Langmuir, Vol.26, No.13, 10738-10744, 2010
Thermochromic VO2 Thin Films: Solution-Based Processing, Improved Optical Properties, and Lowered Phase Transformation Temperature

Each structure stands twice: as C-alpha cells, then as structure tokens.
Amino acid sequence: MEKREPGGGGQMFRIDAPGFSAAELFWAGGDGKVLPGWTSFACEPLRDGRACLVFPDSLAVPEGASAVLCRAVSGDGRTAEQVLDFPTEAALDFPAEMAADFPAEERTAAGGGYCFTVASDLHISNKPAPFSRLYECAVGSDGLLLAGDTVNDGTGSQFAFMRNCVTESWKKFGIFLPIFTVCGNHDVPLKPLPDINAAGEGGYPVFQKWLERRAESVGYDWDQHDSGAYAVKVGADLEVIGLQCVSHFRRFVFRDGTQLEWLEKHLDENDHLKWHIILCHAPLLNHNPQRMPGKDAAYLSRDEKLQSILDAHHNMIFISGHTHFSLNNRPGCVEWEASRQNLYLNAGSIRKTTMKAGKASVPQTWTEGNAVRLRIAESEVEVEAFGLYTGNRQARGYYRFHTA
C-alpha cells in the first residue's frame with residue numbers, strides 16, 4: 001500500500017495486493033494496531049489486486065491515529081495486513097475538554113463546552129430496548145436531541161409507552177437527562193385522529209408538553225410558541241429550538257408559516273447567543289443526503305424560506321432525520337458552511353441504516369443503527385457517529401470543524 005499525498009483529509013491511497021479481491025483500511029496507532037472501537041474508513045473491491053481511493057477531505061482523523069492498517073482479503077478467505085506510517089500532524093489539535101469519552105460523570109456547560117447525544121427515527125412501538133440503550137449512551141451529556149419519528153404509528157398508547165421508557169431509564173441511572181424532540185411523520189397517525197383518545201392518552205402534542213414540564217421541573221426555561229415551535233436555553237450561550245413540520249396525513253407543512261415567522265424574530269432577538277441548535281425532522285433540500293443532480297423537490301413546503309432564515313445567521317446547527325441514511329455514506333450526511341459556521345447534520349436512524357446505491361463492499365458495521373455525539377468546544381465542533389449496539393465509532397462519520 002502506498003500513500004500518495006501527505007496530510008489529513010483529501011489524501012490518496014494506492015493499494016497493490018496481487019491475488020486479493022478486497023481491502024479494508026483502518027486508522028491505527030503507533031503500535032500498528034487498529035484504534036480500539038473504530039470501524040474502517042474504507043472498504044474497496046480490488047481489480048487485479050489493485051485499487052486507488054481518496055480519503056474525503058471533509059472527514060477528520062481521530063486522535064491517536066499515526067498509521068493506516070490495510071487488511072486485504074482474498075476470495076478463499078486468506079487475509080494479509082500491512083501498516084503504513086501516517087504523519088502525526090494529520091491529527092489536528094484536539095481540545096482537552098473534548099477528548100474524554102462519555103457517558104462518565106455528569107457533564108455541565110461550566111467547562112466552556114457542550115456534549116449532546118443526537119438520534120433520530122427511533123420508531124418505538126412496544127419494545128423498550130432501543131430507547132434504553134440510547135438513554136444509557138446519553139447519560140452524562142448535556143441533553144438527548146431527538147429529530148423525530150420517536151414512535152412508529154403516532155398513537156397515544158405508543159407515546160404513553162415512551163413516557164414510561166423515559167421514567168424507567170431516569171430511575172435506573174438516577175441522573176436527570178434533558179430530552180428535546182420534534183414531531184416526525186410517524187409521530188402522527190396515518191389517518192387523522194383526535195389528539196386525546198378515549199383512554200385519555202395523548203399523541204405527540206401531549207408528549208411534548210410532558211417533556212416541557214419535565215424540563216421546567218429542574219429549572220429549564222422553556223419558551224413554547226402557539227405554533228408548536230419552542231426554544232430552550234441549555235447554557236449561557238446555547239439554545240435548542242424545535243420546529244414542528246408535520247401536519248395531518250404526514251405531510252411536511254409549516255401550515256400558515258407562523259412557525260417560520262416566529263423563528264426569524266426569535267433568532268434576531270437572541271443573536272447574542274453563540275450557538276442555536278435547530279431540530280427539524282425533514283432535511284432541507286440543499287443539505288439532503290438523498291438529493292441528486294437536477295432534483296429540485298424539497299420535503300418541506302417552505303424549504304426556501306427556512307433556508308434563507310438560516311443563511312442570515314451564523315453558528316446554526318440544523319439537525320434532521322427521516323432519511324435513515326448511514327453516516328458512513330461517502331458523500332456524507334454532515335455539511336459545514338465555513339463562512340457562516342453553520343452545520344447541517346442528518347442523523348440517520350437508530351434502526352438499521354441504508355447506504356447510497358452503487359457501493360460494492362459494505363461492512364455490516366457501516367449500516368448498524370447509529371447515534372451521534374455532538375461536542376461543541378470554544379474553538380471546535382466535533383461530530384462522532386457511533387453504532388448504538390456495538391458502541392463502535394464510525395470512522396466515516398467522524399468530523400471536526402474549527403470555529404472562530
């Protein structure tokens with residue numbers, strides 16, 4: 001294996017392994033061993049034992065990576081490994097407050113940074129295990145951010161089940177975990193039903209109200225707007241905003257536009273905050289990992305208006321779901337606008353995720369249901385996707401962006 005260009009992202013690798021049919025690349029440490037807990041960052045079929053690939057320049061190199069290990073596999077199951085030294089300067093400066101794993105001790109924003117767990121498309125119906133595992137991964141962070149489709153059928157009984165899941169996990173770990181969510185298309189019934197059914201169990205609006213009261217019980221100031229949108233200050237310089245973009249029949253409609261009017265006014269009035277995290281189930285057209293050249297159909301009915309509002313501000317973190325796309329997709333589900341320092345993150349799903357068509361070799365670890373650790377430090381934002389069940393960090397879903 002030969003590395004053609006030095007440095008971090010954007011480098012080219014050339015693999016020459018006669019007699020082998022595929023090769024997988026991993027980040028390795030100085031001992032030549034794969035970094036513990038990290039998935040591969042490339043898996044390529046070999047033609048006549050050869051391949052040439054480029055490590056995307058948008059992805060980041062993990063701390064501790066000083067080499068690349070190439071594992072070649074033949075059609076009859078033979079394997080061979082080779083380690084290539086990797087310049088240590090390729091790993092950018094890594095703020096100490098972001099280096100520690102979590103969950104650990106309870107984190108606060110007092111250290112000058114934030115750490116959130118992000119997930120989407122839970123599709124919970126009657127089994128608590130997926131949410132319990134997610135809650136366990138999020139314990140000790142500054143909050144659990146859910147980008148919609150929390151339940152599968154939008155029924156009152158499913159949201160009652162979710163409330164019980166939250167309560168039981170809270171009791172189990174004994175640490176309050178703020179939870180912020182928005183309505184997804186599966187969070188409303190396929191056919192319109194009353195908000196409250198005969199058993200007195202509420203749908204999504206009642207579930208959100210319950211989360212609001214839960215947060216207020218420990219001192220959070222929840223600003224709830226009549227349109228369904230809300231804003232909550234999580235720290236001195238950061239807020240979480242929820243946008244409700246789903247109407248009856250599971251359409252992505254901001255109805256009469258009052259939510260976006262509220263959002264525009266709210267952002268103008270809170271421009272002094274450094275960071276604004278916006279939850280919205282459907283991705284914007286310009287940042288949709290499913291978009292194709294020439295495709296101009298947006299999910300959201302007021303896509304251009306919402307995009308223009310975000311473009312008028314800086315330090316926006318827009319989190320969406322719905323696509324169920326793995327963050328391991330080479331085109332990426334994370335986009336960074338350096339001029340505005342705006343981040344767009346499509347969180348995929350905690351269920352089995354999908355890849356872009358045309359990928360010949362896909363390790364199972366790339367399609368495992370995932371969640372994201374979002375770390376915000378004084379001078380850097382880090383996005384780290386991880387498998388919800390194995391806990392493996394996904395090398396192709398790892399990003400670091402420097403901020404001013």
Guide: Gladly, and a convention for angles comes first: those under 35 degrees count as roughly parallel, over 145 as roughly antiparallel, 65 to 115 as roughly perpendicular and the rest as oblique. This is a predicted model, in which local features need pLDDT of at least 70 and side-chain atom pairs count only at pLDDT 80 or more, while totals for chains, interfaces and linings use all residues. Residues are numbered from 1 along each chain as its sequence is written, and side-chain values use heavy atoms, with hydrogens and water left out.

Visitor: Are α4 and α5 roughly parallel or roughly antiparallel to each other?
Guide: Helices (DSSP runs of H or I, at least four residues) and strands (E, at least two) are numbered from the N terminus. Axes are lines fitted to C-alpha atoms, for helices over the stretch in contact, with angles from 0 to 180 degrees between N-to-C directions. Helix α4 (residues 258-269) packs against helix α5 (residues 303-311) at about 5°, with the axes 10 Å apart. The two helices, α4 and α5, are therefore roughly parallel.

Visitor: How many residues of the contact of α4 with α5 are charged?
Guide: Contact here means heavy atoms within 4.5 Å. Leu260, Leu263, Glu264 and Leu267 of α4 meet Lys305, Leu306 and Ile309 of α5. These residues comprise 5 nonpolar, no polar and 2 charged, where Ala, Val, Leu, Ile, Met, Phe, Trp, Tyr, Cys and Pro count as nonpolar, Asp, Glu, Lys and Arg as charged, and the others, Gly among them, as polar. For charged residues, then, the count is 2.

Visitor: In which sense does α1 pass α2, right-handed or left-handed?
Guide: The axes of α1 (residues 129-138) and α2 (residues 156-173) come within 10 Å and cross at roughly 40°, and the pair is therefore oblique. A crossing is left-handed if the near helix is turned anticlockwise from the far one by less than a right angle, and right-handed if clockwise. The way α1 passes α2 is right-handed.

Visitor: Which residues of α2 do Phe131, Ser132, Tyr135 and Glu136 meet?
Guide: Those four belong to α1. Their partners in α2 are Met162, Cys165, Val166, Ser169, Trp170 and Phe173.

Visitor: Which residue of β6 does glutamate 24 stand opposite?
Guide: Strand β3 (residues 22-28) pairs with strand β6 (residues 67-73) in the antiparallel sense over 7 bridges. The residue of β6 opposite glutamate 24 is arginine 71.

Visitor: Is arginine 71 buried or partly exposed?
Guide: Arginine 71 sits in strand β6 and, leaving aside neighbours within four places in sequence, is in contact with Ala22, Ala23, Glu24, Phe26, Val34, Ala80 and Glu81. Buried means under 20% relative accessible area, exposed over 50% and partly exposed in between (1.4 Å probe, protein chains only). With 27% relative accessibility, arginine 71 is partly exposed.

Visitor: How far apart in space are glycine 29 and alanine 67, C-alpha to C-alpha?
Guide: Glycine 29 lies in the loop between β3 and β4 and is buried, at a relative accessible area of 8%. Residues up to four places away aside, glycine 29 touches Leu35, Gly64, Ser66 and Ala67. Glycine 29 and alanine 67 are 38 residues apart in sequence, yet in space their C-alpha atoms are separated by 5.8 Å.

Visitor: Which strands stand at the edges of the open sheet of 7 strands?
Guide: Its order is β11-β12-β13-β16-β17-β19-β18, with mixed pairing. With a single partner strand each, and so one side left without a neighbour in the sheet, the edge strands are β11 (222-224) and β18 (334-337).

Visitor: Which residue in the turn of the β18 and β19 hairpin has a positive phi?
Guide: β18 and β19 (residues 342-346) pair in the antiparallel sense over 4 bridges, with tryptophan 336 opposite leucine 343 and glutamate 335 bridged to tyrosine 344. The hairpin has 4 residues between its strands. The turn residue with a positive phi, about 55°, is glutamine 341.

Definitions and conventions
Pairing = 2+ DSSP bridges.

This paper describes a solution-phase synthesis of high-quality vanadium dioxide thermochromic thin films. The films obtained showed excellent visible transparency and a large change in transmittance at near-infrared (NIR) wavelengths before and after the metal-insulator phase transition (MIPT). For a 59 not thick single-layer VO2 thin film, the integral values of visible transmittance (T-int) for metallic (M) and semiconductive (S) states were 54.1% and 49.1%, respectively, while the NIR switching efficiencies (Delta T) were as high as 50% at 2000 nm. Thinner films can provide much higher transmittance of visible light, but they suffer from an attenuation of the switching efficiency in the near-infrared region. By varying the film thickness, ultrahigh T-int values of 75.2% and 75.7% for the M and S states, respectively, were obtained, while the Delta T at 2000 nm remained high. These results represent the best data for VO2 to date. Thicker films in an optimized ranee can give enhanced NI R switching efficiencies and excellent NI R blocking abilities; in a particularly impressive experiment, one film provided near-zero NIR transmittance in the switched state. The thickness-dependent performance suggests that VO2 will be of great use in the objective-specific applications. The reflectance and emissivity at the wavelength range of 2.5-25 mu m before and after the Nil PT were dependent on the film thickness; large contrasts were observed for relatively thick films. This work also showed that the Nil PT temperature can be reduced simply by selecting the annealing temperature that induces local nonstoichiometry; a MIPT temperature as low as 42.7 degrees C was obtained by annealing the film at 440 degrees C. These properties (the high visible transmittance, the large change in infrared transmittance, and the near room-temperature MIPT) suggest that the current method is a landmark in the development of this interesting material toward applications in energy-saving smart windows.